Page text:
Veteran’s Day has come and gone and I noted the many veterans who contributed pictures reflecting their proud status as a veteran. I thought it might be interesting to share a little insight into what goes into the recipie that results in earning the title “veteran”. I am talking about the initial transformation from an ordinary person into a person who can say he or she is a veteran.
This transformation begins in a phenomenon called Basic Training, or boot camp. It is shocking, character building and intimidating…….but oh so necessary and rewarding. We all remember the experience a little differently, the highs and lows, and we all benefitted from the experience. It was during these first weeks that you were introduced to the 8 concepts mentioned below. Let’s get started.
- LEADERSHIP. The military represents a pecking order on steroids! The very visible indicators of rank and status are prominately displayed and your response to this rank and structure is quickly imprinted in your transforming mind.
- TEAMWORK. Atheletics and the military have much in common, however; the stakes are different. A blown assignment on a football field results in a loss of yardage, a blown assignment on the battlefield results in the death of a soldier.
- LIMITATIONS. Your personal limitations become your constant companion. I was paired with a fellow named Anthony Roosakis in a fun little pastime referred to as pugil stick drill. This little exercise is comprised of a helmet, groin protector and a stick with the ends padded that you use to beat the hell out of each other in a pit. Anthony was a madman, sporting a tattoo reflecting his birth as the product of hell, who delighted in beating his opponent senselesss. He was also big, fast and not the sharpest pencil in the box. I came out of the pit with a clear understanding of my limitations!
- MEANING OF TIME. In basic training, you are interested in two specific time related concepts, the time when you are delivered to your drill instructor, fresh off the bus, and the time when you board the same bus after graduating.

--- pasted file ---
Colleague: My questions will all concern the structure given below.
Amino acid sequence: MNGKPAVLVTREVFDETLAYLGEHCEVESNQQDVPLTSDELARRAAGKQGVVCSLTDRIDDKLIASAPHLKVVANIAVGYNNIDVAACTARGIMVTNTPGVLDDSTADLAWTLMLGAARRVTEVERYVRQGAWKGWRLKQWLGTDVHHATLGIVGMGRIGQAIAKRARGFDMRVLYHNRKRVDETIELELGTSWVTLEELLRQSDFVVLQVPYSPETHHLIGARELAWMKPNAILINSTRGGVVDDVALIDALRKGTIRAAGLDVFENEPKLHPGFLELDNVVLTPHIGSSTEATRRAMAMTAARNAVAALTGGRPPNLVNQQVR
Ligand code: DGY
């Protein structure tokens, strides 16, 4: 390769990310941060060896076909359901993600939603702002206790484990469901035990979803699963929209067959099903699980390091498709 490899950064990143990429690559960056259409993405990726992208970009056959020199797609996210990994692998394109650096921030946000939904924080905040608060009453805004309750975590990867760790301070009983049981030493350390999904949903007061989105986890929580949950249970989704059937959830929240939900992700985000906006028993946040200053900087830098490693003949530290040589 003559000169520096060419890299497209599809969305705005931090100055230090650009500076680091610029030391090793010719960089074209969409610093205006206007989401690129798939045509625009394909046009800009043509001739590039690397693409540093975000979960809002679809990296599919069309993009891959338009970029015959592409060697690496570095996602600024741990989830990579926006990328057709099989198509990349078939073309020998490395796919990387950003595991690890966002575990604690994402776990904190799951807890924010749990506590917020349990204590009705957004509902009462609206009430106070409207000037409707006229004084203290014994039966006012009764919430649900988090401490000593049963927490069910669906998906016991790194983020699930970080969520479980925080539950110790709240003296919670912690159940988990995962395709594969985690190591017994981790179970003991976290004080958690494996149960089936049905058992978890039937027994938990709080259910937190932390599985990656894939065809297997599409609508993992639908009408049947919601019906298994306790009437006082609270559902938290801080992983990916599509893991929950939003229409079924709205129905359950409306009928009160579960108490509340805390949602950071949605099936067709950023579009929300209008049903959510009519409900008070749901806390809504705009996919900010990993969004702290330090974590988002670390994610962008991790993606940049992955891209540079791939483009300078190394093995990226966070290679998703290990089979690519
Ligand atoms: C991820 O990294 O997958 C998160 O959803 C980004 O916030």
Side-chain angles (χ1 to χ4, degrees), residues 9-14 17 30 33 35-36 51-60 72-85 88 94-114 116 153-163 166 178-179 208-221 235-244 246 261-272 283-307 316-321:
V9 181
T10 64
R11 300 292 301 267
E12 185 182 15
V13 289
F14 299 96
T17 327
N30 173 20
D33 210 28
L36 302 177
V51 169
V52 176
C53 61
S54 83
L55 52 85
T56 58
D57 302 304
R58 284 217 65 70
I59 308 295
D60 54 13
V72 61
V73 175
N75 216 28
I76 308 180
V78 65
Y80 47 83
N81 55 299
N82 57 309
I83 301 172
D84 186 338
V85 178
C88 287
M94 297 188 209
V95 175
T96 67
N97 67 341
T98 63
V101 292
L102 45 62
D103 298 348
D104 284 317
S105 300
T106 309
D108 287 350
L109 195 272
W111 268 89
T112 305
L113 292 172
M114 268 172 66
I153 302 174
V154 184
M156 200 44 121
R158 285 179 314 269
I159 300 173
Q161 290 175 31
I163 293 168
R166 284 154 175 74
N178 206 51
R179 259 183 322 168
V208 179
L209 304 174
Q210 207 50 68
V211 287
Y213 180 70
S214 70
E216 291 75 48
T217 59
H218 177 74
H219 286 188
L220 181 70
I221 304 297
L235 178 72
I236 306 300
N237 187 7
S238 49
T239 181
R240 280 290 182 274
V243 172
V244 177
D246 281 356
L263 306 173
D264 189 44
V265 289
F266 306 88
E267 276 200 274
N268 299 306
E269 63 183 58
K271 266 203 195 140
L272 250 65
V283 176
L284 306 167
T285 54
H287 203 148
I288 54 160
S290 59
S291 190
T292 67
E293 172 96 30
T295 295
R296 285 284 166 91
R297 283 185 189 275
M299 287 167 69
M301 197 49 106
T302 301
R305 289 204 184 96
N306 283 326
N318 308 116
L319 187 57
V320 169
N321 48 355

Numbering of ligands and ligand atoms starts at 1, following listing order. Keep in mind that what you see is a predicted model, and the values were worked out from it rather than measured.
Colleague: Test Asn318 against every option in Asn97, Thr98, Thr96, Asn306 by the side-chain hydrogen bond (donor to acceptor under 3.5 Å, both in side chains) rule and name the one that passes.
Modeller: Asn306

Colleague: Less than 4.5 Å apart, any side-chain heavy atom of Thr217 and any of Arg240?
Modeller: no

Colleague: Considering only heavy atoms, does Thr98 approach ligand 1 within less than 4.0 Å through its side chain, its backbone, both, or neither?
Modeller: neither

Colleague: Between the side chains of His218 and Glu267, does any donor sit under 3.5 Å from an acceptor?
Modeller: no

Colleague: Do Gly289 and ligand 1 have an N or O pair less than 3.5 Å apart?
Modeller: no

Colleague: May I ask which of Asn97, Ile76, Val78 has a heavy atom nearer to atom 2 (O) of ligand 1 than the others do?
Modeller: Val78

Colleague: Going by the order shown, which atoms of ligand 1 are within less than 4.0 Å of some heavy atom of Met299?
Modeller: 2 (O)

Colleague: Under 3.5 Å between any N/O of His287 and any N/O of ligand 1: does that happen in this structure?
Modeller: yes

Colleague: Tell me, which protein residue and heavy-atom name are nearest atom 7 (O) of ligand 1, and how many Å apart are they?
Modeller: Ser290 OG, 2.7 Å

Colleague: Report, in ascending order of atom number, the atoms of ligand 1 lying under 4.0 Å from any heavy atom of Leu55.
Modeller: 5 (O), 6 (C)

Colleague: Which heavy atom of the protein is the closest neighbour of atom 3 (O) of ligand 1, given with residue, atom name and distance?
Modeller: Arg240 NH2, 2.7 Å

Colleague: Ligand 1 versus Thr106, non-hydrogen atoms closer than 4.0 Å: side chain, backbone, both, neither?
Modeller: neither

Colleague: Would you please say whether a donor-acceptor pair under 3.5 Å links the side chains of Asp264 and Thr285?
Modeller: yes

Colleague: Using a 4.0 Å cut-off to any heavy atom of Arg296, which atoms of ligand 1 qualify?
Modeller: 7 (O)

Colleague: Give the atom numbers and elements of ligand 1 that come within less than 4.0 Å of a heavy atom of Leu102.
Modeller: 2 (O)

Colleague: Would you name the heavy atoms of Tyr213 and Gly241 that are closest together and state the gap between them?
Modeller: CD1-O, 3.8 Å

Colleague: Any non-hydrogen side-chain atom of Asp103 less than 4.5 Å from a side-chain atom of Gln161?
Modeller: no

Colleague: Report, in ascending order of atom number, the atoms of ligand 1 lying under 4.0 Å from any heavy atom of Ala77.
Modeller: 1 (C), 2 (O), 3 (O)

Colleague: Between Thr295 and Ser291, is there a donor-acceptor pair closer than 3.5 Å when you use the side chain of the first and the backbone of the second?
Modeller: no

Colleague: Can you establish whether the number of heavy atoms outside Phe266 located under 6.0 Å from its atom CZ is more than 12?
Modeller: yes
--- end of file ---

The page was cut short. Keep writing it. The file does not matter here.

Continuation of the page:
- CLEANLINESS. A veteran knows how to make a bed and how to clean a bathroom, lovingly referred to as a latrine in the military. A spoon, in the mess hall, is clean when it is ready for use in a surgical procedure. I benefited from a particularly nasty exercise in cleanliness as our company endured an IG inspection during our cycle. This is a rigorous inspection where folks are particularly attentive to calling attention to such glaring lapses in cleaning your barracks as a water spot UNDER a sink in the latrine.
- MARKSMANSHIP. You learn to shoot, period. You learn the nomenclature of the weapons of war, how to properly care for these same weapons and how to kill a man with them. It is why you are here, and forms the basis for everything else you may or may not do in the military.
- PROPER CARE OF FOOTWEAR. My attention is drawn to the shoes of the people I meet. I believe you can tell alot about a person by the amount of effort they put into maintaining their shoes. A veteran knows how to maintain his footwear, period. To all of the folks that I have interviewed over the years, rest assured the condition of your footwear was factored into my assessment of your potential in the position under consideration.
- RESPECT. An element necessary when this respect and deference to order may put you in a position that gets you killed. You are being trained for a high stakes event, otherwise known as combat, and you must respect those who command you and those you command. You quickly learn not to confuse “respect” with “like”, the two are not synonymous…….believe me.
There are obviously many other life skills that enure from a veterans initial introduction into the military, and veterans will have a bucket full of anecdotal examples that comprise their experience. The ability to live in a structured environment, forever shapes your perspective as life goes on. Veterans, in their basic training experience, are subjected to structure at levels they may never see again…….and will benefit from for the rest of their lives.
You don’t get this training in prep school………